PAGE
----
Ethics and the Law in Journalism

Report
Ethics and the Law in
Journalism
Key Concepts
Understand the ethical principles of
journalism
Understand libel laws and what defenses
journalists have
Words to look up
Ethics
Credibility
Libel
Plagiarism
Slander
Defamation
Intrusion
What is the difference between
ethics and the law?
Laws are what we have to do
Ethics are what we should do
Libel
One of the most important things to
understand in journalism.
Libel is the publication of a false statement
that injures someone’s reputation.
This keeps journalists from printing
whatever they want about whoever they
want.
Slander
Slander was originally the oral form of libel
(it was spoken, not written) but the two are
so close to one another that slander has
been absorbed into libel. In other words,
they’re the same thing.
How is libel proven?
To sue for libel and win, a plaintiff must
demonstrate a convincing combination of
5 points.
The points…
1. Defamation—this is the spreading of
false reports about someone that injures
that person’s reputation.
2. Identification—the plaintiff must prove
that it is he or she the publication is talking
about.
3. Publication—it has to be given to a third
party. A private letter is not libelous.
More…
4. Fault—this can be either by negligence
or actual malice or reckless disregard.
5. Damages—this means money. It can
be compensatory or punitive.
Defenses against Libel
Truth—plain and simple. If the story is
true then they can’t sue.
Privilege—if it’s said in an arena such as
an open court, then it’s okay to print.
Fair Comment—holds true in opinion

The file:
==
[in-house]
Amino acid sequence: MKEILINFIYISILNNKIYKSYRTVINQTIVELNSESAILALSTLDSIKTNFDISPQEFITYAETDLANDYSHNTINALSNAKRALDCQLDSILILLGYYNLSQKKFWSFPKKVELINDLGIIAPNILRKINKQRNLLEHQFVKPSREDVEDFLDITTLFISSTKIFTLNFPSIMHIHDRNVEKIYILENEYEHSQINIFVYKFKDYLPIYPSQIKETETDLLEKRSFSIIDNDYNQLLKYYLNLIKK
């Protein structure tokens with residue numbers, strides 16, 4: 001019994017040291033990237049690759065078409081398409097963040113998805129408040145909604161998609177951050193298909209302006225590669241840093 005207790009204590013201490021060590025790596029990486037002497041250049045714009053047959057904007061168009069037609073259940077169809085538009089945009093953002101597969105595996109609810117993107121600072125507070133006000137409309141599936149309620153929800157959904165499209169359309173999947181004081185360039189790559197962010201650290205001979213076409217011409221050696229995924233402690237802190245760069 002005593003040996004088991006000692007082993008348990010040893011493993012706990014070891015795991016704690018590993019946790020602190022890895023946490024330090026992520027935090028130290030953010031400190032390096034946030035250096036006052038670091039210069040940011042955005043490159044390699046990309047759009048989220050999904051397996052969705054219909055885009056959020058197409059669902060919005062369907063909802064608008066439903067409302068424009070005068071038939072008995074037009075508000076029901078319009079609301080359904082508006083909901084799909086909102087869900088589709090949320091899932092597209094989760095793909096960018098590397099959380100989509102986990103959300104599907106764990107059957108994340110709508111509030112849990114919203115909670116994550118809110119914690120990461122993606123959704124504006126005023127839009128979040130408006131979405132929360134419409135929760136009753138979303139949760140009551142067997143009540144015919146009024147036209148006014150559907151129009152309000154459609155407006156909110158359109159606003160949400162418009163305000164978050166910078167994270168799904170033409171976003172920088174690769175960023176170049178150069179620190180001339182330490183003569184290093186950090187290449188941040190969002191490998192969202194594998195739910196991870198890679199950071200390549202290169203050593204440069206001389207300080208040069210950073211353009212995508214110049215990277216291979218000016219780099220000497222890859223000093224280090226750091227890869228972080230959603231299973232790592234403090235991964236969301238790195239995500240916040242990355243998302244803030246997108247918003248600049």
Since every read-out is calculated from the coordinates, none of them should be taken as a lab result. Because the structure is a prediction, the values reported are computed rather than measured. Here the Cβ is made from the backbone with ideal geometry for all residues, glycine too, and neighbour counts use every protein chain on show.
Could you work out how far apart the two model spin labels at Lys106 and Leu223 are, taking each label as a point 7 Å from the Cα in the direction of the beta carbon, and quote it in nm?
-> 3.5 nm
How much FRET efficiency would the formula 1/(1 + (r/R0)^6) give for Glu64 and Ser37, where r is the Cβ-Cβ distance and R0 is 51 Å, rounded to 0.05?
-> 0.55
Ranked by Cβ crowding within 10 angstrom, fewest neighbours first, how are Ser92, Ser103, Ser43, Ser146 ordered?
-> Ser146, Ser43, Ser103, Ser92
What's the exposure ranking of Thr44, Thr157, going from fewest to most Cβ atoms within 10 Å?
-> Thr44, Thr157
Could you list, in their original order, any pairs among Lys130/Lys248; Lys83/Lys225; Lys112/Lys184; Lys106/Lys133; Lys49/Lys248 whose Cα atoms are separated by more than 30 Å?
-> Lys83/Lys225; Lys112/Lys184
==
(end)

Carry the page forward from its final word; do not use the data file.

pieces.
Admission of Error—print a retraction.
How to avoid libel
Check your sources, and try to have more
than one—you must make sure you are
writing from every angle.
Understand criminal procedure and
terminology.
Edit carefully. A sensitive story should be
edited by several people.
Have a notes policy. Either save all of
them or destroy all of them.
More ways…
Avoid confidential content and editorial
comments in your notes.
Keep a log of your efforts to check out the story.
Always ask for a comment or reaction from the
person you’re writing about. If they give “no
comment” then use that in the story.
Behave professionally and identify yourself as a
reporter.
Another legal matter:
Invasion of Privacy
4 privacy issues to recognize:
Intrusion—it involves the reporter’s
behavior while gathering the news. It
includes: Misrepresentation; Trespass;
Surreptitious use of a camera or tape
recorder.
Public Disclosure—includes publication of
accurate information regarded as private.
False Light—Portraying someone
inaccurately to the point that he or she is
embarrassed and reasonable person
would be offended.
Appropriation—Commercial exploitation of
someone’s name or image
Three Ethics rules to live by:
Seek the truth and report it fully as
possible.
Act independently.
Minimize harm.
Activity #1:
With a partner, use the internet to
research three U.S. legal decisions that
affected journalism. You can start with the
1735 libel trial of John Peter Zenger.
Activity #2
Look up the First Amendment. What are
the five freedoms discussed?

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